Contact: palawa kani Language Program firstname.lastname@example.org 03 63 323 800
palawa kani is the revived form of the original Tasmanian Aboriginal languages. It incorporates authentic elements of the original languages remembered by Tasmanian Aborigines from the nineteenth to the twenty-first centuries. It also draws on an extensive body of historical and linguistic research. The Tasmanian Aboriginal Centre is acknowledged both within and outside the Aboriginal community as the body with responsibility for that work, conducted by the palawa kani language Program statewide.
There are no living speakers of the original Tasmanian languages. Spoken records of the original sounds are limited to a few sounds that can only just be heard when Fanny Cochrane Smith spoke on the records of her songs in 1899. So to attempt to recover the original sounds and meanings, we have to start from written records made by early Europeans of the sounds they heard, and the meanings they thought they understood when they heard our ancestors speak.
Those Europeans are the recorders of our original Tasmanian languages, and there are over 20 of them, including convict labourers, published scientists, sailors, soldiers, farmers, doctors, writers and clergymen. They were Scottish, Polish, French, Danish and mostly Englishmen, from different regions and social classes. Each one of them used the familiar spelling of their own language to write down something that approximated to the unfamiliar sounds they were hearing in our Aboriginal languages.
Their spellings are what we call ‘recordings’ and ‘spelling variants’. Different recorders give different spellings for the same word, and one recorder can even give several different spellings for the same word, if he heard it on different occasions and from different people.
Those spellings of words made by the recorders, which have become familiar through repeated use in publications by Plomley, Ryan, and other historians and writers, are not Aboriginal words. They are part of the smorgasbord of recordings from European scribes of many nationalities, writing down what they heard spoken by Aborigines, and attempting to capture unfamiliar Aboriginal sounds in their own European spellings.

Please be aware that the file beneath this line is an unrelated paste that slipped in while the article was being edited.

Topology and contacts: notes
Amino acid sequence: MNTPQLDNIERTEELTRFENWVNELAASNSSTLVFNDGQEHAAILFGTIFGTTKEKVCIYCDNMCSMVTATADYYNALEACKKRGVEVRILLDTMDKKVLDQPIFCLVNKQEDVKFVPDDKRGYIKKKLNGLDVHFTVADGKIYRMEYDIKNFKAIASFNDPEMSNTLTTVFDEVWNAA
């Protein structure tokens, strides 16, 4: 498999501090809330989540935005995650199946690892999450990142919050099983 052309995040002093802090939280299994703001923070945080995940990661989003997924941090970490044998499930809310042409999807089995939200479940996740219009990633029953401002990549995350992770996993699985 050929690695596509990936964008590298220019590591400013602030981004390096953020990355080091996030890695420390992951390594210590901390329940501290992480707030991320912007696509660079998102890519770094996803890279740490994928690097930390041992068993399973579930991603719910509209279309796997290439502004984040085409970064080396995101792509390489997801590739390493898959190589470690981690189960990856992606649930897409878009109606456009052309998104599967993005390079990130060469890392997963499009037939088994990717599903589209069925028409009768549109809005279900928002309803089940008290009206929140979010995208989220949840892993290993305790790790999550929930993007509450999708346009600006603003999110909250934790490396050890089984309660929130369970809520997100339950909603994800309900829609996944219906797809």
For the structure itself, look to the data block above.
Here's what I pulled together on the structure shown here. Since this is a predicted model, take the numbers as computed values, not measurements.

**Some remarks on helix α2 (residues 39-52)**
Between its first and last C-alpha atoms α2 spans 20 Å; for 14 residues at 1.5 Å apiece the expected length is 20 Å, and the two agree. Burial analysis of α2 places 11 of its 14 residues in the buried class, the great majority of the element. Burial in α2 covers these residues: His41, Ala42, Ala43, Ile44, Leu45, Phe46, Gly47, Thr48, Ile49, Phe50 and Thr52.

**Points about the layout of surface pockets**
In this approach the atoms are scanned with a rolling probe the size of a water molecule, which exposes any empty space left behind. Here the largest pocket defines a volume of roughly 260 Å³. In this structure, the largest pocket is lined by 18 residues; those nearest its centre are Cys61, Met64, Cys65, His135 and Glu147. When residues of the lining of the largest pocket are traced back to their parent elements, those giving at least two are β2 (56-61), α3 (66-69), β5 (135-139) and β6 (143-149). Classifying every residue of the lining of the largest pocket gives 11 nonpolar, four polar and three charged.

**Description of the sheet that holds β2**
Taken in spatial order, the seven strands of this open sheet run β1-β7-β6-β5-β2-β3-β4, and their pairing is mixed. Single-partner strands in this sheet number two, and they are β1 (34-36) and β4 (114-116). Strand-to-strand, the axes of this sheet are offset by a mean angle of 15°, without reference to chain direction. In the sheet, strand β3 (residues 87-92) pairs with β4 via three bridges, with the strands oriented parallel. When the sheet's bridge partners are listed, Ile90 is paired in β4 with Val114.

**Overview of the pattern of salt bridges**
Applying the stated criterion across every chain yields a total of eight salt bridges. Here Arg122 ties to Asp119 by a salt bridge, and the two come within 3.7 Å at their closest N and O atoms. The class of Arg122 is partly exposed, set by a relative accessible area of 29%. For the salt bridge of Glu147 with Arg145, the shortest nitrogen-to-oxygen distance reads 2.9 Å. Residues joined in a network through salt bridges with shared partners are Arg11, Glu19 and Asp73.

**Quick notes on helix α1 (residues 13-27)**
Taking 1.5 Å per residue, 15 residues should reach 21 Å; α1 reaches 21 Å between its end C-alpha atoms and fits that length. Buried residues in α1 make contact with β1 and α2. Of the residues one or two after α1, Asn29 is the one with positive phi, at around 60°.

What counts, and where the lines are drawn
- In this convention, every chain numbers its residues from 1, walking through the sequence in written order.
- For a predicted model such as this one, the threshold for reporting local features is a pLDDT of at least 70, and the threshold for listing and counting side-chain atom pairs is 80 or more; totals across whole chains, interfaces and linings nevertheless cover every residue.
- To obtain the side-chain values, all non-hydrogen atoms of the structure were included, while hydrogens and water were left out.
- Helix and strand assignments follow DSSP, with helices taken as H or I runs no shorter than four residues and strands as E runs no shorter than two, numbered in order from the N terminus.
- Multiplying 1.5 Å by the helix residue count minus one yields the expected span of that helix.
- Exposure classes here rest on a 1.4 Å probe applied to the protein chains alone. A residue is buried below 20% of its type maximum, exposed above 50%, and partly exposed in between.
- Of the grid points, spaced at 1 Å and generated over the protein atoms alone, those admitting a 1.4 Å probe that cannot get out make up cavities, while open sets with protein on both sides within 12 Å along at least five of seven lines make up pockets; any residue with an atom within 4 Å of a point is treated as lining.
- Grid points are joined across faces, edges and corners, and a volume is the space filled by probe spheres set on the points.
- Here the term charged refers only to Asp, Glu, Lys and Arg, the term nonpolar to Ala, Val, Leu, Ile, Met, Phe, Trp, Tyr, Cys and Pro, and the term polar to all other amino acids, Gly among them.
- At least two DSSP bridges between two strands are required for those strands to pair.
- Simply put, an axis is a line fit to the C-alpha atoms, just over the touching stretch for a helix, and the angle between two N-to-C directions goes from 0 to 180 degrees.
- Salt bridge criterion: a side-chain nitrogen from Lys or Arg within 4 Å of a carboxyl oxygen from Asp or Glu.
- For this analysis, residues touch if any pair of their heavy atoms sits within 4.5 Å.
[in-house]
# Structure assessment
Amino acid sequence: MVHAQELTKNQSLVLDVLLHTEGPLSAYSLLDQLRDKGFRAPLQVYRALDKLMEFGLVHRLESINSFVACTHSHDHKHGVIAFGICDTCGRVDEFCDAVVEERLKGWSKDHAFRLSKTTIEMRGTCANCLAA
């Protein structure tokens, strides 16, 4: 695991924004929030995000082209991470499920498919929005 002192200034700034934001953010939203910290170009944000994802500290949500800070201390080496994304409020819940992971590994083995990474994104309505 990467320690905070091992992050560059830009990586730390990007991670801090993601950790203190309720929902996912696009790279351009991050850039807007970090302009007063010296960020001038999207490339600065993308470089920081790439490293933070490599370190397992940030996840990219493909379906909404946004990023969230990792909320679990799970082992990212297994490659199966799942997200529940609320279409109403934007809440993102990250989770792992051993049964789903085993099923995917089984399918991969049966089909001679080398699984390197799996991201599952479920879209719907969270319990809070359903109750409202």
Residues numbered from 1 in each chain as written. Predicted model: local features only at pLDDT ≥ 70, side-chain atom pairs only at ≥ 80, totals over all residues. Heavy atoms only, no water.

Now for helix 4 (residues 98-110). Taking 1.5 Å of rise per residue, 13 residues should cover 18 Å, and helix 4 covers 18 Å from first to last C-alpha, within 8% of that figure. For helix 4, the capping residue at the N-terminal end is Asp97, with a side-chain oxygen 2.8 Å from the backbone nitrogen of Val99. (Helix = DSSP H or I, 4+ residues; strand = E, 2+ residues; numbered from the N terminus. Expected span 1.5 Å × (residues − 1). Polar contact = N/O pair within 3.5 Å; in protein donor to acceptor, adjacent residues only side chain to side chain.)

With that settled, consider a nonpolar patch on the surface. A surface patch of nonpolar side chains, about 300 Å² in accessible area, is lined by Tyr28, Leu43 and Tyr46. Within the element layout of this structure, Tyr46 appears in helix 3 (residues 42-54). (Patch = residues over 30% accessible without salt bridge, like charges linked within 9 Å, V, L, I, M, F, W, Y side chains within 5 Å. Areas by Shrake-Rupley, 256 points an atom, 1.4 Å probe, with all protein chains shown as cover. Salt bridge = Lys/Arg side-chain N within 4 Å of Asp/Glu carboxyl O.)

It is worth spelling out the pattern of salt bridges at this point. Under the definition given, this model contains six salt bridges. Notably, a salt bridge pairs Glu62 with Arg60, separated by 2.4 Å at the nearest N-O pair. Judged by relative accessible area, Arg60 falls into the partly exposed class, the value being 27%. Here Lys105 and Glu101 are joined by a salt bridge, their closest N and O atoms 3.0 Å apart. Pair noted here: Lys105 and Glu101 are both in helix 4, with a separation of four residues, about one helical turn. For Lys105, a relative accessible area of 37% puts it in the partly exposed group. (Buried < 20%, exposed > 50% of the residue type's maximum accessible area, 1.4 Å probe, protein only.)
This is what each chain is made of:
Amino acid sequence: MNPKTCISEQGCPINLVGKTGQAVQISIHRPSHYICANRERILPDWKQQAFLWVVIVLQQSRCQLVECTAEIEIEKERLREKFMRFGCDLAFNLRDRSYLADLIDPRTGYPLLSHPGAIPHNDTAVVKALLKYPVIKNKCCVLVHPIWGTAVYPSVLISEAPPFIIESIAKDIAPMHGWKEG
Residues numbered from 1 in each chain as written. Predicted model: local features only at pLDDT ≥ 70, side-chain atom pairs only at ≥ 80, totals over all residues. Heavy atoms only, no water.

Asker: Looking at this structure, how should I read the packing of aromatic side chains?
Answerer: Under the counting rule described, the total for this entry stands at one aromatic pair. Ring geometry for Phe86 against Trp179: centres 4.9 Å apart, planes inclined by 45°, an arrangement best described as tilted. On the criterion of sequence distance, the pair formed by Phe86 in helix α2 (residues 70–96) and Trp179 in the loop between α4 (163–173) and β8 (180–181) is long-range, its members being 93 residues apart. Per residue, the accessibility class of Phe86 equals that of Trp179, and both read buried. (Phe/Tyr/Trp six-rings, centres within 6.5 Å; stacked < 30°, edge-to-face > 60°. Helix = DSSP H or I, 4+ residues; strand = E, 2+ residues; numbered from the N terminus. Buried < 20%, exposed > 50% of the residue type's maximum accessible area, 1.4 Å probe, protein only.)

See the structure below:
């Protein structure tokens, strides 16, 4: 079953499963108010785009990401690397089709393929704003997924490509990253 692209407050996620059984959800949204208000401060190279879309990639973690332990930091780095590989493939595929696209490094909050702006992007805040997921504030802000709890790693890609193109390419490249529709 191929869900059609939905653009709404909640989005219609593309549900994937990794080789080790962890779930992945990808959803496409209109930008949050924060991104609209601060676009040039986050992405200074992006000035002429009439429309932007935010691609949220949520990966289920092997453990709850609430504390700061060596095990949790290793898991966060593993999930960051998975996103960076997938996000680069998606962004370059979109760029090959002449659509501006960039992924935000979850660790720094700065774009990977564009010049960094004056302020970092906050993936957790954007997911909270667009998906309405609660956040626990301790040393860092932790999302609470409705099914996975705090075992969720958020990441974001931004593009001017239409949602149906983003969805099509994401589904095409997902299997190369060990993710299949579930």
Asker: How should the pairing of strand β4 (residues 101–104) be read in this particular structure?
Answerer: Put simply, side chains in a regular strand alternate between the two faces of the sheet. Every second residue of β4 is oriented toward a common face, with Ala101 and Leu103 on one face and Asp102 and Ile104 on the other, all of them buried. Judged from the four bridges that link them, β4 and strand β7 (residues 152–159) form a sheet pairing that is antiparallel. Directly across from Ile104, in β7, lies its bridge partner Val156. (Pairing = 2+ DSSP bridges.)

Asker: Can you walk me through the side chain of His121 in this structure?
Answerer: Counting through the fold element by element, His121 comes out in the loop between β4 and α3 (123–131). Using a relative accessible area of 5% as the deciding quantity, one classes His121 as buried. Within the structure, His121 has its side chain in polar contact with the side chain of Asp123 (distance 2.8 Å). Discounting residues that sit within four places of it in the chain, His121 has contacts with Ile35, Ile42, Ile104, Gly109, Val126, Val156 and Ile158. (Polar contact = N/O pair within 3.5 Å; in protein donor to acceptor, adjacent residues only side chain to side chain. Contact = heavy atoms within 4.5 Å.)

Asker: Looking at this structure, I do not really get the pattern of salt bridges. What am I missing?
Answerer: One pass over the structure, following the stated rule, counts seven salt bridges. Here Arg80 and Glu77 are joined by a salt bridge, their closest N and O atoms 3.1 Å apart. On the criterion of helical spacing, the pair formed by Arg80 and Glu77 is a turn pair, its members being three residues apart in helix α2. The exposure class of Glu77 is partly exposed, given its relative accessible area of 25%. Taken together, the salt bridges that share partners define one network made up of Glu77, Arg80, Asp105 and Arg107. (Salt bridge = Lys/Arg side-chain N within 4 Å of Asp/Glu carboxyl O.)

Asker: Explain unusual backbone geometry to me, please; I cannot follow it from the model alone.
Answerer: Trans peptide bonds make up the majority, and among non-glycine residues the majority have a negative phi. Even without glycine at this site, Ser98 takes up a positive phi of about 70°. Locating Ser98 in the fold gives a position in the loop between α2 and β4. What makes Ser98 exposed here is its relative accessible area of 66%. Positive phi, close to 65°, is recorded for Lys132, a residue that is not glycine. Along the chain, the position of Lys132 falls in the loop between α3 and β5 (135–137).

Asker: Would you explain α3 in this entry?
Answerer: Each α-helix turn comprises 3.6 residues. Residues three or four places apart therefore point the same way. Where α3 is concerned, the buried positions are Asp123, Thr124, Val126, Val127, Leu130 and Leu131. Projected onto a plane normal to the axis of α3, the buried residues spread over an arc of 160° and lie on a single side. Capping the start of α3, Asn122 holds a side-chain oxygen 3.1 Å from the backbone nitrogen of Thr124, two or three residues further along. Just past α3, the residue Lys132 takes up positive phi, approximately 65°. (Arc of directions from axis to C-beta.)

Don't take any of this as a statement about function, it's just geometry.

We are fortunate to have so many different recorders of the original languages because this allows us to compare spellings and meanings. Using linguistic analysis and phonetics we derive statistically common sounds from this comparison of the different spellings of the one word. We already know from earlier analysis what sounds existed in our languages, and we represent the sounds we recover with the alphabet system we have developed.
We can then work out the most likely authentic sounds for a word from all the possible sounds. This is what reconstruction is – retrieving the authentic original sounds and meanings as closely as possible from the evidence in the recordings, based on the principles described in the palawa kani Sounds and Spelling Book 1998. These principles were developed by Gaye Brown and have been applied since by Theresa Sainty; both were trained by and worked with linguists engaged by the Tasmanian Aboriginal Centre.
Before we began any reconstructions, we also determined who were the most accurate, hence most reliable, recorders of the sounds and meanings. This also helped us to identify the strengths and weaknesses of individual recorders. These factors are taken into account with every word.
Historical and biographical research and, where possible, knowledge still held within today’s Aboriginal community, assist in checking the meanings of words.
palawa kani dictionary
palawa kani Dictionaries and other learning materials
are available from each regional TAC offices to all Aborigines eligible for TAC services.
Policy for use of language
Policies determining Aboriginal language use are based on the principle of Aboriginal control. These policies are set by the Aboriginal community through the Tasmanian Aboriginal Centre.
palawa kani posters
These mark seasons and events in the calendar, with cultural themes yet to come.
They can be enjoyed on this website, with accompanying audio.
Flowing on from the revival of the palawa kani language has been the eventual state government recognition of the original names of some places in lutruwita (Tasmania). There are currently 13 officially gazetted Aboriginal or Dual names, one National Park (Narawntapu) and two community- allocated names for Aboriginal Land.
Digitising palawa kani
In recent years, much work has gone into digitising the language materials into a database that is made available in Tasmanian Aboriginal Centre facilities around the state. The multi-media materials catalogued include documents, supporting images and audio recordings.
The second phase of this digitising process has seen the creation of two language apps, allowing users to read and hear words, either singly or through building phrases. A record function also lets them note their improvement in speaking the language over time.
This takes place in structured learning environments, such as the Aboriginal Children’s Centre in Hobart, the luwutina Children’s Centre in Launceston and across the TAC’s child and family programs statewide.
See more: Digitising palawa kani
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Some of the language material displayed on this website was produced with the assistance of funding from Indigenous Languages and Arts, Australian Attorney-General’s Department.